I’ve tried to get into the world of vlogging. Not as a vlogger, I hasten to add – no one would want to watch and listen to me spout forth drivel – but as a viewer; I’ve subscribed to a few people over the years, watched a few, but then they always seem to fade away into nothing much-ness. So this one man show, Push and Shove, by Crisis Point Theatre offers up a very interesting and believable scenario, where our hero vlogger, Jared Howell, is setting up his system to perform and record his latest livestream video, to be viewed by who knows how many thousands of people around the world. This broadcast, however, is going to contain something special, something different; a surprise for his fans, and an insight into his state of mind.
To be honest, I guessed from very early on what the nature of the surprise would be; it wasn’t difficult, given his sad reminiscences of the people behind the faces in his photo gallery that he has assembled around him, and the very ominous cardboard box that he has placed on the table in front of him. However, his descent towards suicide oddly drives the action forward; very disturbingly, but with a kind of hypnotic inevitability – although the only member of the audience not to see it coming let out of a scream of terror when the offstage gunshot was heard; people will always react unexpectedly to the sound of a gun!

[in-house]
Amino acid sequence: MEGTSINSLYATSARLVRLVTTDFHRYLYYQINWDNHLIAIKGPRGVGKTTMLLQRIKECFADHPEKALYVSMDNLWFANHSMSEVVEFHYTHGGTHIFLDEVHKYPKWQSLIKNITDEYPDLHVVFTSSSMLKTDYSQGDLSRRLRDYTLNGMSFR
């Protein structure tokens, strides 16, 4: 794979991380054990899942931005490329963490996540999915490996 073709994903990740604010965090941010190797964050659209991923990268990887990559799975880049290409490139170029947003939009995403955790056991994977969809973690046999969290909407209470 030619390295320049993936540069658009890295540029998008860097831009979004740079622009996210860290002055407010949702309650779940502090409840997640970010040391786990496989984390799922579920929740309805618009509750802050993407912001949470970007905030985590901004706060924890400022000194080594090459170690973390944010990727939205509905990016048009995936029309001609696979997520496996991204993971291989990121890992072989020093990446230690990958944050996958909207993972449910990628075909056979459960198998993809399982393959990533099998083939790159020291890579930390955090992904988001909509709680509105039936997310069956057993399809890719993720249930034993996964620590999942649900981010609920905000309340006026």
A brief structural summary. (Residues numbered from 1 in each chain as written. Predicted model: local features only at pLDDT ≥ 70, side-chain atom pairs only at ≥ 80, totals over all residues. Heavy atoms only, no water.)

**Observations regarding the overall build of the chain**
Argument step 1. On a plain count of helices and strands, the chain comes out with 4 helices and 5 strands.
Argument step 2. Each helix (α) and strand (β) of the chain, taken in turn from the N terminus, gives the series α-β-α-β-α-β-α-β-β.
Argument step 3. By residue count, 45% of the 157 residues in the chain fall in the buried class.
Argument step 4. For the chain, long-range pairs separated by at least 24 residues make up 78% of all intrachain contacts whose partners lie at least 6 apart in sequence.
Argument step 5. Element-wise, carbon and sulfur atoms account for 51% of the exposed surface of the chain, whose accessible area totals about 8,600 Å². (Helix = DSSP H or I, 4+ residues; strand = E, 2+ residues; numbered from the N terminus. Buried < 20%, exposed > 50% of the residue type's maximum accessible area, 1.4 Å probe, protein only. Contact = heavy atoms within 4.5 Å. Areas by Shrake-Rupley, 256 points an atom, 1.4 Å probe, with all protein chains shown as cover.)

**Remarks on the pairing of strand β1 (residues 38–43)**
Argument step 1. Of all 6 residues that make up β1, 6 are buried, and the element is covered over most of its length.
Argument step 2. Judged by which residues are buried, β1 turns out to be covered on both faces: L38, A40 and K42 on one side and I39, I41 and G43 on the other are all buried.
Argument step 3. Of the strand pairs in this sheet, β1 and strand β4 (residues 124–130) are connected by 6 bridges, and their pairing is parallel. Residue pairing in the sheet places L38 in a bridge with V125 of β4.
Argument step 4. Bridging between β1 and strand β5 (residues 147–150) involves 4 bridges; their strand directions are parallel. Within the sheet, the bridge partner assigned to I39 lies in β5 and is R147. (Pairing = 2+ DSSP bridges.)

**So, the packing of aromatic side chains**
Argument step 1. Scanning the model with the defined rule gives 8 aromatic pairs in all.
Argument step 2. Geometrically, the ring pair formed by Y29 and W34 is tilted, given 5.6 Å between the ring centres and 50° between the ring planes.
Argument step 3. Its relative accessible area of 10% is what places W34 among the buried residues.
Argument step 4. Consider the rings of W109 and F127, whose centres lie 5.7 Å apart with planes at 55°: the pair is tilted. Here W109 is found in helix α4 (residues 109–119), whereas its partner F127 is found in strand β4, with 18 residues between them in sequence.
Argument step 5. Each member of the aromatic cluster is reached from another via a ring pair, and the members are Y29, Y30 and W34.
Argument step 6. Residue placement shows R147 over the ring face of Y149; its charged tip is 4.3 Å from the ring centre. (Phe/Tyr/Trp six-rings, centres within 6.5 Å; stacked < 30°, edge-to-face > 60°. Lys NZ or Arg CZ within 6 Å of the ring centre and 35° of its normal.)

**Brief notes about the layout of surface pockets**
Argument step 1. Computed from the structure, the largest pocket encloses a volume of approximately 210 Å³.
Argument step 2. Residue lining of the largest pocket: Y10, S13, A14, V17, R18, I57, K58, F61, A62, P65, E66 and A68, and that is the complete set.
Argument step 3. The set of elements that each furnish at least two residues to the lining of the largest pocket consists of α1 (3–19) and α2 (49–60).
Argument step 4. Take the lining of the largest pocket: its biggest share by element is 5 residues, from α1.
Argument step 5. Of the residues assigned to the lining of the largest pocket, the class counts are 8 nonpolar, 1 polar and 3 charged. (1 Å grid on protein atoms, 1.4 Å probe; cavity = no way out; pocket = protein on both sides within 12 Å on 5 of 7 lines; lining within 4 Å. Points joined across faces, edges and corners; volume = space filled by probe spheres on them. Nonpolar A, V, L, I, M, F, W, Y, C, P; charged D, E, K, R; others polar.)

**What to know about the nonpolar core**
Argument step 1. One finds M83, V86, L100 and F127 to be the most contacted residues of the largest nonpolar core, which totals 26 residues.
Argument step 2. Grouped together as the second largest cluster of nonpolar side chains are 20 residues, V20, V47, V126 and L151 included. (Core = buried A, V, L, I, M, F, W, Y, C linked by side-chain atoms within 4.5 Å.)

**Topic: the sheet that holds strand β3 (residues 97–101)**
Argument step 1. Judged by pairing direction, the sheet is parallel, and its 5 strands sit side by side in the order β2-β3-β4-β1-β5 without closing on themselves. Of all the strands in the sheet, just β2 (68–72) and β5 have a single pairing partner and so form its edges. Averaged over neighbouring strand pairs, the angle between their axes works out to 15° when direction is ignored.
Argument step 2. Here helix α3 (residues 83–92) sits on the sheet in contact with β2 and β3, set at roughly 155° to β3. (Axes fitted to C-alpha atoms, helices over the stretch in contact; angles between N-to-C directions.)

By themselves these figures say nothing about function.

This was a very well put together, thoughtful piece; not without humour, as Olly Manning, performing the role of Jared, absolutely nailed the character’s hollow mask of brightness and optimism, still putting on a brave and jolly show for his subscribers, whilst letting us see his tragedy when his adoring public were not looking. It’s a very appropriate piece for our time, not only with the whole vlogging phenomenon, but the growing awareness of mental health and the rate of male suicide. This show starkly revealed the uselessness – indeed cruelty – of telling someone to man up. As part of this “final show” Jared performs a poignant song – accompanied by Luke Mortimore on the guitar – which Mr Manning sings with great purity and heart.
My only criticism relates to the staging of the show; as Jared is performing to the camera for so much of the time, he isn’t actually performing to us, his live theatre audience watching this show. As a result, you get a slight feeling of being an outsider at the event, almost of being ignored, rather than feeling fully involved in his performing directly to you. Not sure how you could get around that, but it did have a slight distancing effect to our relationship with the character and his crisis. Nevertheless, it was a strong and authoritative performance that told its story clearly and with emotion, and, despite the subject matter, was strangely enjoyable. Congratulations!